Utah Lab Working On Tulsa Race Massacre Investigation Says People Are Turning In DNA, Family History
News 6 - September 15, 2022 5:52 am
Tulsa Race Massacre coffins found in early 2022.
TULSA, Okla. –
The Utah lab working on the Tulsa Race Massacre graves investigation said people are starting to turn in information and DNA.
People sharing that information are hopeful they could be a match with the remains found in a mass grave at Oaklawn Cemetery last summer.
Intermountain Forensics said it has received dozens of submissions, of family stories and family trees.
The genealogy team said about 70 percent of people sharing information have already taken a consumer DNA test, through places like Ancestry.com or “23 and Me.”
Intermountain Forensics Genealogy Case Manager Alison Wilde said many of those people have uploaded their information to the databases the lab will be using going forward, which she said is “fantastic.”
So far, Intermountain Forensics said it only has two samples from the remains found at Oaklawn last summer, that it feels confident about trying to find matches with. Archeologists said they sent remains to the lab from 14 individuals found at Oaklawn.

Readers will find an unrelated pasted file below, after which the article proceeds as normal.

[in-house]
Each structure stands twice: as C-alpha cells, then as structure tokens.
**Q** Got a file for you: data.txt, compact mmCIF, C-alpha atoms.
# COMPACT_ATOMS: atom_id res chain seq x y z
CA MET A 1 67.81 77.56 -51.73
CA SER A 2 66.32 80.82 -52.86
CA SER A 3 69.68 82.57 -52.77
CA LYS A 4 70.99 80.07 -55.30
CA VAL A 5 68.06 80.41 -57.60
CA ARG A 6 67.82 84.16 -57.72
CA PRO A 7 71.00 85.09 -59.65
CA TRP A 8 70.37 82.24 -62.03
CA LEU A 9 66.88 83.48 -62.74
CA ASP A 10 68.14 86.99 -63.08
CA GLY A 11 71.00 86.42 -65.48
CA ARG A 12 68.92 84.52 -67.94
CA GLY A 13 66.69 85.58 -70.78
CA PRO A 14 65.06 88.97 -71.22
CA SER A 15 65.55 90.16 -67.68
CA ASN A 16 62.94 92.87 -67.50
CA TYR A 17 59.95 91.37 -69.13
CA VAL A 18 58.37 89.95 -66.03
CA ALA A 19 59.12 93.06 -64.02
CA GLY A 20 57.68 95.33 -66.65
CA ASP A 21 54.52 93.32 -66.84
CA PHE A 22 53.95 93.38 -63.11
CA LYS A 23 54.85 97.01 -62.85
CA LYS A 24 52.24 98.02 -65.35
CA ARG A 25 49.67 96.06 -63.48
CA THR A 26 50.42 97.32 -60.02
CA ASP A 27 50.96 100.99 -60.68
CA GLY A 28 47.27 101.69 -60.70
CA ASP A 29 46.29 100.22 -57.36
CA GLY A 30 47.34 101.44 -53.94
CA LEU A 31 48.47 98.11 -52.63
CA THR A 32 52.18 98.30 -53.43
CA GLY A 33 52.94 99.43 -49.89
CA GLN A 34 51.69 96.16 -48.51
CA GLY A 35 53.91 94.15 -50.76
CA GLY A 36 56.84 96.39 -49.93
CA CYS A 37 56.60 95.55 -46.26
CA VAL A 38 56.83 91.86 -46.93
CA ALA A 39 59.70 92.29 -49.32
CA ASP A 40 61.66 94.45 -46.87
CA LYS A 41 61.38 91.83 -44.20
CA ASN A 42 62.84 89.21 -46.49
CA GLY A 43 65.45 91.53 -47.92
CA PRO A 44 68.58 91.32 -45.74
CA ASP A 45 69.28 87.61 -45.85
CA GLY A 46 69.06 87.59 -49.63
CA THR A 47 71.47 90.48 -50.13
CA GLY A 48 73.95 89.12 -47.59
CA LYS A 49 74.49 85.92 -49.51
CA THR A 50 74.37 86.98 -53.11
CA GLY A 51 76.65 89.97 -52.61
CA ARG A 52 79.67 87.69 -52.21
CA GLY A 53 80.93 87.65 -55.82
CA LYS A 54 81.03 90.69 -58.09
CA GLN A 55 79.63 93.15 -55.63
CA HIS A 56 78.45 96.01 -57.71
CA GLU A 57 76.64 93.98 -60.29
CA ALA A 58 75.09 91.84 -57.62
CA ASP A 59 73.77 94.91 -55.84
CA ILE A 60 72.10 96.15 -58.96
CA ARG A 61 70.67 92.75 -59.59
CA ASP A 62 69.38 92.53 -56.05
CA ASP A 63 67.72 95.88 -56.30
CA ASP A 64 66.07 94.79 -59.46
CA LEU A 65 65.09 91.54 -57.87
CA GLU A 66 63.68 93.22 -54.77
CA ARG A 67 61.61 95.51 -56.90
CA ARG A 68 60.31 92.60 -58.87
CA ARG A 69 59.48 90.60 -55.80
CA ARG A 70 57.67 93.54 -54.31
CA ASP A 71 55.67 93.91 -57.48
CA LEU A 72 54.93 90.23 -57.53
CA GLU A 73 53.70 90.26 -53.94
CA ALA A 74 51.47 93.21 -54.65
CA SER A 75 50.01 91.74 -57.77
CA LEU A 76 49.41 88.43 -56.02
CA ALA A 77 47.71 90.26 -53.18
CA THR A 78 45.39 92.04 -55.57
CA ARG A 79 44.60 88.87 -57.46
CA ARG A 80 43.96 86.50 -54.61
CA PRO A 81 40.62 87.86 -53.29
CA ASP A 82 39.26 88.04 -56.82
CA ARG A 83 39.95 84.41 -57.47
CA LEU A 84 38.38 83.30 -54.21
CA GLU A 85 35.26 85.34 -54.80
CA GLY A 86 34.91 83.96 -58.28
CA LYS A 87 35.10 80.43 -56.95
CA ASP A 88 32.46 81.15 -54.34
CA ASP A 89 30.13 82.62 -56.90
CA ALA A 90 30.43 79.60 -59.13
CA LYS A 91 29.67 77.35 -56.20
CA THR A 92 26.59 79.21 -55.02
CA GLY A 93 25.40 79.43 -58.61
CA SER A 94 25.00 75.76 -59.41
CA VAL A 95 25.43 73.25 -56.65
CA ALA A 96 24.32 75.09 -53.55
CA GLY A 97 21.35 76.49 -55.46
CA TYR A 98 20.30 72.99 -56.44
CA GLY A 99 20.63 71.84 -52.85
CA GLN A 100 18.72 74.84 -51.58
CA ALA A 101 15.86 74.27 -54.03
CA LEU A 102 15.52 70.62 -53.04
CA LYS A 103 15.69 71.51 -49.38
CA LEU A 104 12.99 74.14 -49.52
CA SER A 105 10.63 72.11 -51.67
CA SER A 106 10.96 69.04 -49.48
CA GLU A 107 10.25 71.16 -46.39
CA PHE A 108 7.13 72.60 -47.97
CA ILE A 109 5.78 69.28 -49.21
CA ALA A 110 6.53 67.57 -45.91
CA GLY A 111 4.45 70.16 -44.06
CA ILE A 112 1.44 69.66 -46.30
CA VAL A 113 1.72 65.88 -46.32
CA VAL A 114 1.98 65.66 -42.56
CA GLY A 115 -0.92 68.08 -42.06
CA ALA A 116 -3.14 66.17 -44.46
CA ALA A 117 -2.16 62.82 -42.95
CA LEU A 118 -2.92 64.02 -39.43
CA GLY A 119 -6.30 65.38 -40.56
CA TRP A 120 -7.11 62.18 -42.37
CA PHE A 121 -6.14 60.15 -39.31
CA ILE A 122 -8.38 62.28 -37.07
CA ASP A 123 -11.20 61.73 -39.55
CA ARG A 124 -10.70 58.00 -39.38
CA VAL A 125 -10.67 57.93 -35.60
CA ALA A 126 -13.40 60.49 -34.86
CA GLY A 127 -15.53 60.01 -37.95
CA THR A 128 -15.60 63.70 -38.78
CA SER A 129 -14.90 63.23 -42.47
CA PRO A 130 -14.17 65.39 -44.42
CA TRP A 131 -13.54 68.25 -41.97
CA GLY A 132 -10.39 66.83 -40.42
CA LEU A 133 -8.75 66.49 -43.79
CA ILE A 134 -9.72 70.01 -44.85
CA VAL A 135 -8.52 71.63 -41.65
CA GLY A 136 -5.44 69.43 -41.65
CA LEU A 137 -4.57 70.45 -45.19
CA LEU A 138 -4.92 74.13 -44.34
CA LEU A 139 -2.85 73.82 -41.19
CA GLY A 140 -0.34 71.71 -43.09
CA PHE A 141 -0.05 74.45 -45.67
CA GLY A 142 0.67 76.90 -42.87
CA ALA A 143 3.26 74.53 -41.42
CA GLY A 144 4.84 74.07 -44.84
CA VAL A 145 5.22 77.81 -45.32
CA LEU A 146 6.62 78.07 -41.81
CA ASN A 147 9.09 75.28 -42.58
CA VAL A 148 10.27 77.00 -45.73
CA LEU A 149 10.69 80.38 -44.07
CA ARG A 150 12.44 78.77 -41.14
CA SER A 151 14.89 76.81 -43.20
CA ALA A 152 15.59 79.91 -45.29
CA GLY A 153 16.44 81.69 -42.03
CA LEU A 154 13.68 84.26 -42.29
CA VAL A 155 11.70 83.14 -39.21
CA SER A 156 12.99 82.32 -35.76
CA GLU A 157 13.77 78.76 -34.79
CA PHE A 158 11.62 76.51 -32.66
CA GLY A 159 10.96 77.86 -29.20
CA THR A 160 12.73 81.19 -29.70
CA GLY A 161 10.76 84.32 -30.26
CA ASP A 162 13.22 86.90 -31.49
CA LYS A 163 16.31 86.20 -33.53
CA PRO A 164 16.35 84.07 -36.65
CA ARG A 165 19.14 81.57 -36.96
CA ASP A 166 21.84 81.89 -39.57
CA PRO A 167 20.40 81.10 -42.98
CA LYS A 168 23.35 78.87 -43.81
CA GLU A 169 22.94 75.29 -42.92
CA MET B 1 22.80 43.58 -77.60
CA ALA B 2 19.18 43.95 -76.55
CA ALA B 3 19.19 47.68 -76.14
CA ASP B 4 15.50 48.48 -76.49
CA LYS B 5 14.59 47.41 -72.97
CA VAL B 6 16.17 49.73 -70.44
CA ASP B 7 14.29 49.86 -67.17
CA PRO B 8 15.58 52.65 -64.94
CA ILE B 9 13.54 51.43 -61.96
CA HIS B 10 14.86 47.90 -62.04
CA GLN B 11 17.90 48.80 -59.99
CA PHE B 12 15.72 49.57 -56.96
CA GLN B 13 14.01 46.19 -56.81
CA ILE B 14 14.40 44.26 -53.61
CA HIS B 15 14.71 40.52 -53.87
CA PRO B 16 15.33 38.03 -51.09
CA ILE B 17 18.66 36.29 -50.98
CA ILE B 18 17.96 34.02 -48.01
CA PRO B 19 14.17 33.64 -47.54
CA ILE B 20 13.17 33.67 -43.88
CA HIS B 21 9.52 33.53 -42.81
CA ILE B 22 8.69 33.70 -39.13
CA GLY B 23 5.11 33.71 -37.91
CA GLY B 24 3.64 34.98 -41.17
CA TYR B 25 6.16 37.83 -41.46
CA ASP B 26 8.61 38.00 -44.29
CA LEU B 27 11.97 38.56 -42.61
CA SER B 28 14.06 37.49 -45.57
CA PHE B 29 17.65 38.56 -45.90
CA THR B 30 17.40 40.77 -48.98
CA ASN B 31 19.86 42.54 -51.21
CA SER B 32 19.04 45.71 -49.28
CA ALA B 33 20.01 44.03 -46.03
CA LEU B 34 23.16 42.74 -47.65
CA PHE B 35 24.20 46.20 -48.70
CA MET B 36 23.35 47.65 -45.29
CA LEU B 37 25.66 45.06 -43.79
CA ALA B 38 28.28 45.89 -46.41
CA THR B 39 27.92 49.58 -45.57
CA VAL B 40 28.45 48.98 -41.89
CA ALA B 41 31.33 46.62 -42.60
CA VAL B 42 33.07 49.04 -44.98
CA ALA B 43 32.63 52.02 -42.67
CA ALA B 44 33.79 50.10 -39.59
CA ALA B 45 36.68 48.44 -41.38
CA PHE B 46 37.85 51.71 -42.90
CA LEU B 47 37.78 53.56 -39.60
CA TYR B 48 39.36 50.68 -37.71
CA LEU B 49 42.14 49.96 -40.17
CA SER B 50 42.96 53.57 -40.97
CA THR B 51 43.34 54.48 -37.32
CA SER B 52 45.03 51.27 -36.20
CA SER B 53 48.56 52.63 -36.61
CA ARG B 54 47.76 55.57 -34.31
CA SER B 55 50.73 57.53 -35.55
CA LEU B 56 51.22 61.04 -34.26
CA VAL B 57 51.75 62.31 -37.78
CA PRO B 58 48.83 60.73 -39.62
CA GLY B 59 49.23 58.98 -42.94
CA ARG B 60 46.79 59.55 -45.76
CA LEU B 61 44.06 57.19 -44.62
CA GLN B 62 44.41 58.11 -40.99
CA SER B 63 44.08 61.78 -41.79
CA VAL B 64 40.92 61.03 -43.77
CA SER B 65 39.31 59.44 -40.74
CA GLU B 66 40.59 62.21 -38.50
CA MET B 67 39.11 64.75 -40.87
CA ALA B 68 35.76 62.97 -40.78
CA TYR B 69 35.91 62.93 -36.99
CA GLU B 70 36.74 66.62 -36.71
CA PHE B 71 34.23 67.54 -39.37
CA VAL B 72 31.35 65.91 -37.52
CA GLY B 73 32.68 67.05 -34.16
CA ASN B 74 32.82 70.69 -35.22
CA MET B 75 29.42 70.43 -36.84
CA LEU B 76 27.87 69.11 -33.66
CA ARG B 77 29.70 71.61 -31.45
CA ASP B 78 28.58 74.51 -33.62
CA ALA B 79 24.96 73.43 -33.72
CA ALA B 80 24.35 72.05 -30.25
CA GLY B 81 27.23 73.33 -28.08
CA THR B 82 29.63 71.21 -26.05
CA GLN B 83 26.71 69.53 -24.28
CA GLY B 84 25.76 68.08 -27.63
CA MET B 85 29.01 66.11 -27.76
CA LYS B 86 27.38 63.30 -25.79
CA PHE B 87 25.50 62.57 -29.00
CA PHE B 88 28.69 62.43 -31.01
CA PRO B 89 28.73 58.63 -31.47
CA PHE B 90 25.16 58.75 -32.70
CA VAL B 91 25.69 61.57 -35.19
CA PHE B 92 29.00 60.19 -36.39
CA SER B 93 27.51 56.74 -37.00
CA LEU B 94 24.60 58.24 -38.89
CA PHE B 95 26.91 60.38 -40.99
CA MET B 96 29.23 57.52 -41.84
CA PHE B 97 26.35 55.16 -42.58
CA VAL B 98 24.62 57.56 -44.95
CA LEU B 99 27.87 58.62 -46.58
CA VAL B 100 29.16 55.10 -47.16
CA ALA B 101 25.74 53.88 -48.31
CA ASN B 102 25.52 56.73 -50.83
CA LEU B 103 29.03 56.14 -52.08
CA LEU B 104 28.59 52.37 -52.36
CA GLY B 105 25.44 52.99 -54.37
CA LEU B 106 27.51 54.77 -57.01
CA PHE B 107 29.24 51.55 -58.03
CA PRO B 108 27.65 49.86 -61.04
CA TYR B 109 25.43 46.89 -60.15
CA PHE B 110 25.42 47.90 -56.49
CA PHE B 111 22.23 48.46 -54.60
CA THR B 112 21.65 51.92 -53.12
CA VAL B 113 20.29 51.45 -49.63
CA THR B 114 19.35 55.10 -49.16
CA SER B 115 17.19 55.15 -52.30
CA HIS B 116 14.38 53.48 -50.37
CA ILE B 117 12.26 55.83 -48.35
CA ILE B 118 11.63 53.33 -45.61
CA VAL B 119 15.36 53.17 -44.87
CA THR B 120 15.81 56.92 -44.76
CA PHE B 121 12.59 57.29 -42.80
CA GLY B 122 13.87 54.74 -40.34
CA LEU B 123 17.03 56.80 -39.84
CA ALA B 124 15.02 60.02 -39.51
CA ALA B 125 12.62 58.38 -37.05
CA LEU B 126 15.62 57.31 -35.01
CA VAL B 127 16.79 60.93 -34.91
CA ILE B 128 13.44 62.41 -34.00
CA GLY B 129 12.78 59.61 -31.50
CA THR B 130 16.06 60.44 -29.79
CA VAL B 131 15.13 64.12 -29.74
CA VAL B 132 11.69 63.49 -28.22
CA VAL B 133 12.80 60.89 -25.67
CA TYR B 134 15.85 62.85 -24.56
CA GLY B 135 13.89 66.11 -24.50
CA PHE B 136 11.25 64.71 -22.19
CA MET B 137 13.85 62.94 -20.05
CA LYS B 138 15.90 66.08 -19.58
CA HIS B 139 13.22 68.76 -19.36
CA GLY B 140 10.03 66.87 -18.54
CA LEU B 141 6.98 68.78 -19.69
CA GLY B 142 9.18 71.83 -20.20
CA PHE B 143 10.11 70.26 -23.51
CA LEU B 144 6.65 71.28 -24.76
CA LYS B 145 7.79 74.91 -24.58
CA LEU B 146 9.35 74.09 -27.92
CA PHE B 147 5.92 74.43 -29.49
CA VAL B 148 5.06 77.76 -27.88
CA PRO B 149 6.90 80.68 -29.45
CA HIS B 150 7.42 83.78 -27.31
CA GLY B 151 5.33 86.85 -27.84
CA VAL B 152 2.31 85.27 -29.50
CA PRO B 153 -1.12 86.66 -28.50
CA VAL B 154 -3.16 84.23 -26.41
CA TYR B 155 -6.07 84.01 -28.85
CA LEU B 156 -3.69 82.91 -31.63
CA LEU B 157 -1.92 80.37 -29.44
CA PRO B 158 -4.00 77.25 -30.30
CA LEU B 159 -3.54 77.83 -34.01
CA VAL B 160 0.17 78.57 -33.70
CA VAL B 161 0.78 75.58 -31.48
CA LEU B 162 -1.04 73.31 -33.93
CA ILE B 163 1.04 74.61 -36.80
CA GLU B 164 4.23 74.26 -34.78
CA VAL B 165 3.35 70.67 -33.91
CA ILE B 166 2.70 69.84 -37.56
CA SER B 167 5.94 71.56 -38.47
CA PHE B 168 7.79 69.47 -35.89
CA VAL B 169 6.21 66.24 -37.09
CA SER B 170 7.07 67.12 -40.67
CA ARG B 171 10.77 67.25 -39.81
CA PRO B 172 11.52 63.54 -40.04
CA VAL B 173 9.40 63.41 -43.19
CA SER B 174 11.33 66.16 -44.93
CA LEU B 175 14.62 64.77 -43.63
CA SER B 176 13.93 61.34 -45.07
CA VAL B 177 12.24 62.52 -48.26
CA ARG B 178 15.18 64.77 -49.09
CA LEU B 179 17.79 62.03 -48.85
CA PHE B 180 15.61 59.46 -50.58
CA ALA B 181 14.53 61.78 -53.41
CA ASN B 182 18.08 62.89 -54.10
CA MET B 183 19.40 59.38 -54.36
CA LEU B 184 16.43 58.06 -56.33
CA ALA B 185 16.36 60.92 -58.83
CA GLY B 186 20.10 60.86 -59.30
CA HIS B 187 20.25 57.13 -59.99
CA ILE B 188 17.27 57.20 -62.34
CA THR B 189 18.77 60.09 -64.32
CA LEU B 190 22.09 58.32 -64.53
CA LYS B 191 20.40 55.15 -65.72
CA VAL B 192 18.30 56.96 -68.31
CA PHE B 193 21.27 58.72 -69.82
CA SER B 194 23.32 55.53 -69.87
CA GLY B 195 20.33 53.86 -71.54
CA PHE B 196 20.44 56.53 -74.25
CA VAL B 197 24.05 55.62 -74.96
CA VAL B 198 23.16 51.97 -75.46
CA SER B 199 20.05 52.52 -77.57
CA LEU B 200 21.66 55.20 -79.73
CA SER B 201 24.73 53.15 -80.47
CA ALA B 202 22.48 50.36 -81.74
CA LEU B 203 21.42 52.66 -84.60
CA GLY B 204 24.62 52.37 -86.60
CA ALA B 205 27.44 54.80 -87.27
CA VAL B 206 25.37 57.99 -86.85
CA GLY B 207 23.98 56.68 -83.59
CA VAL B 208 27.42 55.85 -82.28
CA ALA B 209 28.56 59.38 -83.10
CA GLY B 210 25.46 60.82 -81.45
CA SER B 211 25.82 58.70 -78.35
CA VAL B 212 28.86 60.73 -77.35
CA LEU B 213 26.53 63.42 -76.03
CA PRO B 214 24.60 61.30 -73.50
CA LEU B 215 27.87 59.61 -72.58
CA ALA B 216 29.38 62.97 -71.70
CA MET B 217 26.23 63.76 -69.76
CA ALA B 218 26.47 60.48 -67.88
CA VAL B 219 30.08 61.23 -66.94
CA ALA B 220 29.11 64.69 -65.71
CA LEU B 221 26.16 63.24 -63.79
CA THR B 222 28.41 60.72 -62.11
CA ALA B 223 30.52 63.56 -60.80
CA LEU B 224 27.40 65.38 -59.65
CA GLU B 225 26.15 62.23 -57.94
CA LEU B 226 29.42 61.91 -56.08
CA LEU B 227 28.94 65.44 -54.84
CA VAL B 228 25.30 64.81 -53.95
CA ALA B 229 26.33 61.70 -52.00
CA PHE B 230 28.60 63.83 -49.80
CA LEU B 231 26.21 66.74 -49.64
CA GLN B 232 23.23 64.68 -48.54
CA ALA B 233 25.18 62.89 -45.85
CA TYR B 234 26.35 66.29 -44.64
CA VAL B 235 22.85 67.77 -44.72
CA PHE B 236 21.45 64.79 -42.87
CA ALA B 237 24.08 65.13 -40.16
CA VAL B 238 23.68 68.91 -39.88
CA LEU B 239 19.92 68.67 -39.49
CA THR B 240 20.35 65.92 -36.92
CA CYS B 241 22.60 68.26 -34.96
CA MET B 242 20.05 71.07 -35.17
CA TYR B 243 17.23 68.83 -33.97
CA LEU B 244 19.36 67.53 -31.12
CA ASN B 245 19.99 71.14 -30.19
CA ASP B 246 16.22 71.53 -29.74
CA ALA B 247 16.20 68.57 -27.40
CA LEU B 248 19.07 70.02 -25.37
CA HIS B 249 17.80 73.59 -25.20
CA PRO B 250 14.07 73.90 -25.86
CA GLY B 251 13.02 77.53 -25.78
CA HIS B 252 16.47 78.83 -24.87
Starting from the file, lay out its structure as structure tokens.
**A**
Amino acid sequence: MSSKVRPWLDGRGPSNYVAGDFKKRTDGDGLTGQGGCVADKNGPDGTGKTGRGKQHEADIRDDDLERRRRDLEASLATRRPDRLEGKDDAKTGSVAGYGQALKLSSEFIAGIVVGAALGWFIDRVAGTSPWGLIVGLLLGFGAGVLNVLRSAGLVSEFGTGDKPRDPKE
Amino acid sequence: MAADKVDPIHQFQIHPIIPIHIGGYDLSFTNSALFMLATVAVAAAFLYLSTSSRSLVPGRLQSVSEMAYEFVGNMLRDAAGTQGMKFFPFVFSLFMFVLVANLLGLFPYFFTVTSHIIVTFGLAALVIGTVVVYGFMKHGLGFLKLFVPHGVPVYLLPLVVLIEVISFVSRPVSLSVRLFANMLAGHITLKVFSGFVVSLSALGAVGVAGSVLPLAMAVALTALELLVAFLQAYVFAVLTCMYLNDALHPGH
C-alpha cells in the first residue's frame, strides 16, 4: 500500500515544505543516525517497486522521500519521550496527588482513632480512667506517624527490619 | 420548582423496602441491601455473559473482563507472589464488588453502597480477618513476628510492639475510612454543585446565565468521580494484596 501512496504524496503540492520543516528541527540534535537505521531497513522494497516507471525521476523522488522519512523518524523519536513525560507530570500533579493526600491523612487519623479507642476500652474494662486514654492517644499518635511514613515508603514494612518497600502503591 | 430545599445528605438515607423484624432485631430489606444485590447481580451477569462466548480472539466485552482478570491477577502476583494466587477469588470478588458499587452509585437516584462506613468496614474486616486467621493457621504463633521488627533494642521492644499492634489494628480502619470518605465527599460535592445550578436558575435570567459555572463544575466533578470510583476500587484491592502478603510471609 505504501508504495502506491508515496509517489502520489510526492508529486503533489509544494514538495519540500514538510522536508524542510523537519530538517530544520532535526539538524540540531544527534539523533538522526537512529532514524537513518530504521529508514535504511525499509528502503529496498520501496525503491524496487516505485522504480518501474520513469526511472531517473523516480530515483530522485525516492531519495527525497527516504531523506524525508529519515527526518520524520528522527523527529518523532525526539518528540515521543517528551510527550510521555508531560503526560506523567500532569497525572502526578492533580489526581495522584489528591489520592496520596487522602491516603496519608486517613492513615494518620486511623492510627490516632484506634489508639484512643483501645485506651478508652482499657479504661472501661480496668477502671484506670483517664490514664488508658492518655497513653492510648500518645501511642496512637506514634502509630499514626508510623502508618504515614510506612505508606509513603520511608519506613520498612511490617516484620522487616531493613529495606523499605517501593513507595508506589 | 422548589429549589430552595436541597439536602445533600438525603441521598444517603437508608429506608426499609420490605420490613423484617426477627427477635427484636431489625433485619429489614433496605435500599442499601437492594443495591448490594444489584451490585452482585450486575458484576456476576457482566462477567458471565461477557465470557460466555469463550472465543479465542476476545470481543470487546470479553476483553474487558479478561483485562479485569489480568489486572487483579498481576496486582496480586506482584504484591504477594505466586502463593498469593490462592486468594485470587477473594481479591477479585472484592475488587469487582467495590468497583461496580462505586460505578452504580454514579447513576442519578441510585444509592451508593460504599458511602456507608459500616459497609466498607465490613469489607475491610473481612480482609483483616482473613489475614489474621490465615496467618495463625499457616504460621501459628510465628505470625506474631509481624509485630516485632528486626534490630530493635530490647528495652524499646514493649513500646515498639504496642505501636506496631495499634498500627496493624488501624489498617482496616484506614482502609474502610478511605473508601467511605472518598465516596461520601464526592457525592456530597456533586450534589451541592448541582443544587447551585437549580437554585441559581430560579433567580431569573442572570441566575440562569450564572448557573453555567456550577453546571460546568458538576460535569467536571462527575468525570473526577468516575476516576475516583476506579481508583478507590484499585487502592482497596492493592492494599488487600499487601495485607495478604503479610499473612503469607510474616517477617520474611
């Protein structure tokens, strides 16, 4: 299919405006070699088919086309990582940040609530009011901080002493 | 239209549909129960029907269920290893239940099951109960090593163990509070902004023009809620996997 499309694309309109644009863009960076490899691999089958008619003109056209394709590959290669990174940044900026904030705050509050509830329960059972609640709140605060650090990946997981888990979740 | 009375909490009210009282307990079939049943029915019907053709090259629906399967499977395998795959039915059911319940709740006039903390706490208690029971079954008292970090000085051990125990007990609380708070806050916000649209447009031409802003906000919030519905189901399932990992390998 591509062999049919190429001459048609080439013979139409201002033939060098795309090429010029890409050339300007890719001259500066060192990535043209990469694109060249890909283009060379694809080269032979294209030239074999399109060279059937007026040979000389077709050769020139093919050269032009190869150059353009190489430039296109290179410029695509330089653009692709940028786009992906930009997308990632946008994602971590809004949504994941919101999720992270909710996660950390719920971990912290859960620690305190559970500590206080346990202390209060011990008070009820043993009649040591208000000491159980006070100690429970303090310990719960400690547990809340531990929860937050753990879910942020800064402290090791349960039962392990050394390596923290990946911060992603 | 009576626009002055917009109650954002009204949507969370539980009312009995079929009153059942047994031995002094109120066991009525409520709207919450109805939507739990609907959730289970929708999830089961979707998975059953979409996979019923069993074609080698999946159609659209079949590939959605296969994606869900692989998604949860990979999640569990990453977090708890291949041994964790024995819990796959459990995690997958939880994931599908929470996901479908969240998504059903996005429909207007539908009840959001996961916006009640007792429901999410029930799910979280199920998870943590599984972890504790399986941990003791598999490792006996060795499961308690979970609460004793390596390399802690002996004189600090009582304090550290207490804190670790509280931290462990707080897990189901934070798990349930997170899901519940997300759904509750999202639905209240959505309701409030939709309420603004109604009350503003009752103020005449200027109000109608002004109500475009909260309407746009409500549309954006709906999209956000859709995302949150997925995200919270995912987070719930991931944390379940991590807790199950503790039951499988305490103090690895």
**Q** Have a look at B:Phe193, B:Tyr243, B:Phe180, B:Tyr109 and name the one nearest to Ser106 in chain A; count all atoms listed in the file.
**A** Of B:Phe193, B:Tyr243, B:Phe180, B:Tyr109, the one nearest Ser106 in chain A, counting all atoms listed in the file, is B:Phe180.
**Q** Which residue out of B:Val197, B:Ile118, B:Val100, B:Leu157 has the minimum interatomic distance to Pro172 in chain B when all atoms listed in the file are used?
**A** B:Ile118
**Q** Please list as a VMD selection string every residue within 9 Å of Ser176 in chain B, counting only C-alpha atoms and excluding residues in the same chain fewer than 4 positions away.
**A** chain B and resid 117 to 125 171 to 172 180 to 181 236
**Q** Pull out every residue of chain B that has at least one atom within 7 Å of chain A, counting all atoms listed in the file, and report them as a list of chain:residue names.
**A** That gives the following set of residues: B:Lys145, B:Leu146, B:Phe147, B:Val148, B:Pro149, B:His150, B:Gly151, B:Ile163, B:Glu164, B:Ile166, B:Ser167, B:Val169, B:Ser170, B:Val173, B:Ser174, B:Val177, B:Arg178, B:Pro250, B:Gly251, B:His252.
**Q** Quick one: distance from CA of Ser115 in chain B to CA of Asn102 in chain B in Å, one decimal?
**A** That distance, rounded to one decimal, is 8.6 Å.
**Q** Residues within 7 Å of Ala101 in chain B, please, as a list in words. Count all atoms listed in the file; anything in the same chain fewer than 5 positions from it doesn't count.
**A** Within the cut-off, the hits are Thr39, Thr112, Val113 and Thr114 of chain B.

Archeologists plan to go back to Oaklawn for more excavation work this fall, with the goal to collect more DNA samples.
The group “Justice for Greenwood” held a meeting last month urging people not to donate their DNA for this effort, saying it would be available for the public and law enforcement to search.
Wilde shared a document at Tuesday’s Public Oversight Committee meeting, showing several different paths for sharing information and DNA.
“It’s true that DNA is a necessary part of this project, it is the only way these remains will be identified. At the same time, only community members comfortable with DNA testing should participate in that aspect of this project,” Wilde said.
A member of the Public Oversight Committee, Greg Robinson, expressed frustration at the meeting, and pushed for future meetings to be held in person, with an option to watch virtually. He argued holding in person meetings would keep the community more aware and involved.
For more information about the lab doing the work, click here.